Back to Garrigou: “This is the Thomistic sense of this expression, ‘formally, eminently’: ‘formally’ he signifies both ‘substantially’, and not causally, ‘properly’ and not metaphorically, but ‘analogically’. ‘Eminently’ excludes the formal actual distinction of the attributes of God, and expresses their identification or rather identity in the most eminent formal ratio of deity, whose proper mode, hidden in itself, is not known in via except negatively and relativly.”

Back to me. The claim of GL that the formal distinction entails univocity is a strange one. It seems kind of true, in that one cannot fall back so easily on mystery and 'eminent' ways of containment of perfection terms are univocally common, but I tend to think of these as separate issues. No serious scholarship has been done on this as far as I know.

Garrigou is clearly off his rocker on this one, though it is the usual criticism, voiced by Thomists probably from Thomas of Sutton down to Catherine Pickstock. There is a refusal, or inability (if one prefers to locate the source of their error in the intellect than in an intractible will) to understand Scotus's clear statements. He says being is not only analogous, but univocal. That's right, he favors the analogy of being. But he is not interested in that specifically, or at least his interest is in giving it a conceptual foundation so that it is not a nice name for pure equivocity. Instead, one must see Scotus's discussion of univocity as taking place on the conceptual level. By this he avoids the nasty charges against him, as he can fully admit the conciliar statements; they are talking about matters in re, not on a conceptual level. This is not to say that Scotus and Thomas can be harmonized as some have tried to argue at Kalamazoo; Thomas thinks analogy holds on the conceptual level, though he doesn't say much about it. But he clearly talks of differing rationes in the Summa.
The other major error he makes is another usual claim, that univocity entails that being is a genus. Scotus himself is aware of this, and in a passage referenced by Garriogu deals with the objection (Ord. I d.8 q.3). Scotus's own view of the matter is that being cannot be a genus due to the resulting incompatibility with divine simplicity. He thinks that genera are contracted by differences, two entitites which are in a potency-act relationship. His response instead is the notion of intrinsic modes, which represent different degrees of intensity of something, and are not part of the genus-species model. Of course, one can simply not accept Scotus's solution or argue against it, but Garrigou is not even aware of it and rushes to judgement.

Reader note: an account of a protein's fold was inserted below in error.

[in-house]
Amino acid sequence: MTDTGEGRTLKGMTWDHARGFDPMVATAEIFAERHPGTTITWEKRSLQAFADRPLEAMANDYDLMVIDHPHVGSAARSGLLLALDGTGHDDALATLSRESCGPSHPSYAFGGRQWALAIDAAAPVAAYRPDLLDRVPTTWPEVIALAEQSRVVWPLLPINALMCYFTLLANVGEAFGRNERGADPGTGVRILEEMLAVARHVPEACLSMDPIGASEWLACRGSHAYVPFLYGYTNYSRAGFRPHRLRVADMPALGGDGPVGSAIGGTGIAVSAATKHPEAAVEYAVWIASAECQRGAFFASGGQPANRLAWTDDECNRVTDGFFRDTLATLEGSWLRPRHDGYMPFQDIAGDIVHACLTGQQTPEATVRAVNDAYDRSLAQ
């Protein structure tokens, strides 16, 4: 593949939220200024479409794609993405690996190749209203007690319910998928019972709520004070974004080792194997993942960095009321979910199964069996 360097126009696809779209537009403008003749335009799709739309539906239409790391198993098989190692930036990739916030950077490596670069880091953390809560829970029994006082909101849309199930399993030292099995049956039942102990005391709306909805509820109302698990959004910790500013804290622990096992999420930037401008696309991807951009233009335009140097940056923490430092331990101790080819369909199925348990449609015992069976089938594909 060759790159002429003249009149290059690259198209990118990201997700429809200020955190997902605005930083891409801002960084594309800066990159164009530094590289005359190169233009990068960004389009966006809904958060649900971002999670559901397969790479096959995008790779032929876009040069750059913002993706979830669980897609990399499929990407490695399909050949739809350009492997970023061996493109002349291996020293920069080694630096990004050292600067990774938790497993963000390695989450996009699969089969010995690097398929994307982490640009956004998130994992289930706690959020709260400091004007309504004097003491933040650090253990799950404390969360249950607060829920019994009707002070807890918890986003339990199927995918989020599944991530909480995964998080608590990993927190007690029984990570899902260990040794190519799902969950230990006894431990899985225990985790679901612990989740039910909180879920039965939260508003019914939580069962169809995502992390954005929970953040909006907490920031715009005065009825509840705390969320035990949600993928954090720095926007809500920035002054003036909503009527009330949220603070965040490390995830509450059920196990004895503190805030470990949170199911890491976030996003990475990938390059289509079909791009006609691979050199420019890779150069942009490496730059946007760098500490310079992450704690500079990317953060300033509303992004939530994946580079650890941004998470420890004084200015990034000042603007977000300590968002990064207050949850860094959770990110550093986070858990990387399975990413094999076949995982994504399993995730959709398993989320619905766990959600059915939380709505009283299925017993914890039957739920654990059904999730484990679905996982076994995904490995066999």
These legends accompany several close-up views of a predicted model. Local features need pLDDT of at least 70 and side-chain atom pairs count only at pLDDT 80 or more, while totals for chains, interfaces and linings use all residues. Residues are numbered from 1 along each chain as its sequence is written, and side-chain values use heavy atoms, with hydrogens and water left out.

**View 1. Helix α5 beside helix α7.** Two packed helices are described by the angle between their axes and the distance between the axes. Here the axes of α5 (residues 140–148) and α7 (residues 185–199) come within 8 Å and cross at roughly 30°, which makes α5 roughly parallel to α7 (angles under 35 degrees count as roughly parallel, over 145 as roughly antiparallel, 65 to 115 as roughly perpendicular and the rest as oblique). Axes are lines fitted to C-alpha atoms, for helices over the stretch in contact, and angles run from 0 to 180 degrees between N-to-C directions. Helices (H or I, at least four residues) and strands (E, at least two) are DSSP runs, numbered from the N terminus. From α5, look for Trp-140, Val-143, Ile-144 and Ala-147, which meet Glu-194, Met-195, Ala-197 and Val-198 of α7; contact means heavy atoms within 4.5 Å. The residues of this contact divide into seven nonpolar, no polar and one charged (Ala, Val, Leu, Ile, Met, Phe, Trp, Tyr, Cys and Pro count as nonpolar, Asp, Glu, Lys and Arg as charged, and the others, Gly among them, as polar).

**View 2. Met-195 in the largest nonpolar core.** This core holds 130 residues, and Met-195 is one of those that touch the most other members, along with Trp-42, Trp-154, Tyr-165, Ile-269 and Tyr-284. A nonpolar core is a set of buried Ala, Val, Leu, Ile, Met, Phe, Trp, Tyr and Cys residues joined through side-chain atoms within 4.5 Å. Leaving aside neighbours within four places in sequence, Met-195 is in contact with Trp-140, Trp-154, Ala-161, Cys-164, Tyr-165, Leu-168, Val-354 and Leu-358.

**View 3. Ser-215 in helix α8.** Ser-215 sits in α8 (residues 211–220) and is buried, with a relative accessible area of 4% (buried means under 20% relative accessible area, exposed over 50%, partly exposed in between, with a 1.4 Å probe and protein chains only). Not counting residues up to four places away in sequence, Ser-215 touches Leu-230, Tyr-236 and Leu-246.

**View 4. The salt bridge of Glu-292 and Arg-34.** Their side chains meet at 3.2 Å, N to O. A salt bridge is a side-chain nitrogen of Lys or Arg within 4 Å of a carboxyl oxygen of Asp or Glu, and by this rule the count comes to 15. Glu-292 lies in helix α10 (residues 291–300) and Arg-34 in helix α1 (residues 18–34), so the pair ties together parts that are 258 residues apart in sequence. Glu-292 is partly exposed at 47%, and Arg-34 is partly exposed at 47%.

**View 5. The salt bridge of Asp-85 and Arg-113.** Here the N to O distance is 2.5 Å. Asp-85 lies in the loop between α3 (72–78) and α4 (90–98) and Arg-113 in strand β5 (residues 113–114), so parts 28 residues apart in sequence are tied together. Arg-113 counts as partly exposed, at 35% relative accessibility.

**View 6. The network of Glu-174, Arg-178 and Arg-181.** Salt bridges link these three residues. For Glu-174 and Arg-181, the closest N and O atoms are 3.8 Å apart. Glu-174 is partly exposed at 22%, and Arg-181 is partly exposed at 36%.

Formal Distinction:
Oddly, it gets this mostly right, though he omitts key aspects. I am not sure why he calls it a disticntion "formaliter-actualiter." The actualiter is not from Scotus and I am not sure what it even means. Perhaps he is stressing the fact that the formal distinction is on the real side of things as distinctions go, but this is unnecessary as he has already put in the qualifications of it holding prior to any operation of the intellect and being "ex parte rei." So that's wrong. He also does not choose to admit that Scotus says that one ought to refer to this as formal non-identity instead of a formal distinction, lest people be confused. A small point, which does not change Scotus's actual arguments. He also does not admit the way the subtle doctor preserves simplicity, instead preferring to rush to a council and make the charge of implicit heresy. Scotus thinks, formal distinction notwithstnding, that God is one in re, for due to the fact that all the divine attributes, essence, etc., are all one by infinity (their intrinsic mode), and are one infinity not many infinities. So ultimately I don't think the Thomists and Scotists diagree on all that much here. Just look at the last paragraph or two when Garrigou invokes mystery in via, and especially that second quote from Cajetan. One just has to shake one's head. Cajetan is somewhat of an ambigous figure among Thomists, who alternatively love and hate him, but reading his criticisms of Scotus and his own solutions to the same questions, he either sounds like a moron (such aswhen he responds to Scotus's argument for univocity "from doubtful concepts", his "Achilles" argument, with "but they're one by unity of analogy" with an implied "ha ha ha"). But, he is a saint so he probably knows better now.
That's all for now, back to grad school.


Taylor Marshall said...

How dare you critique Garrigou-Lagrange? Touch not the Lord's anointed!


Lee Faber said...

He is the Sacred Monster!

Taylor Marshall said...

That's a "subtle" description for the "angelic" doctor.

Taylor Marshall said...

I need your help with a topic.

Could you do a post on the Scotist tradition and the pactum salutis?

Lee Faber said...

What is the "pactum salutis"? A reference to sacramental causality and the Franciscan and early scholastic notion of "pact" causality?

Taylor Marshall said...

The pactum salutis is an idea associated with the Franciscans that salvation was accomplished by an "eternal pact" of the Blessed Trinity to save mankind.

It is the basis of the covenant theology that began to be articulated in Franciscan soteriology.

Lee Faber said...

Right, it's the same thing. At the moment I don't have the time (also being a grad student with phd comps this year) to look at Scotus directly, though Irene Rosier-Catach has a chapter on this topic in her book "La parole efficace" where she deals with early scholastics, Aquinas, Bonaventure, Olivi and Scotus. I'll try to take a look and post on her summary. Off the top of my head, you can look for these discussions to be in the first few distinctions of Book IV of the ordinatio/opus oxienses which should be volume 16-18 of the wadding-vives edition.

Lee Faber said...

But yes, it goes back earlier than Bonaventure. Even Thomas's instrumental causality was a modification of earlier views.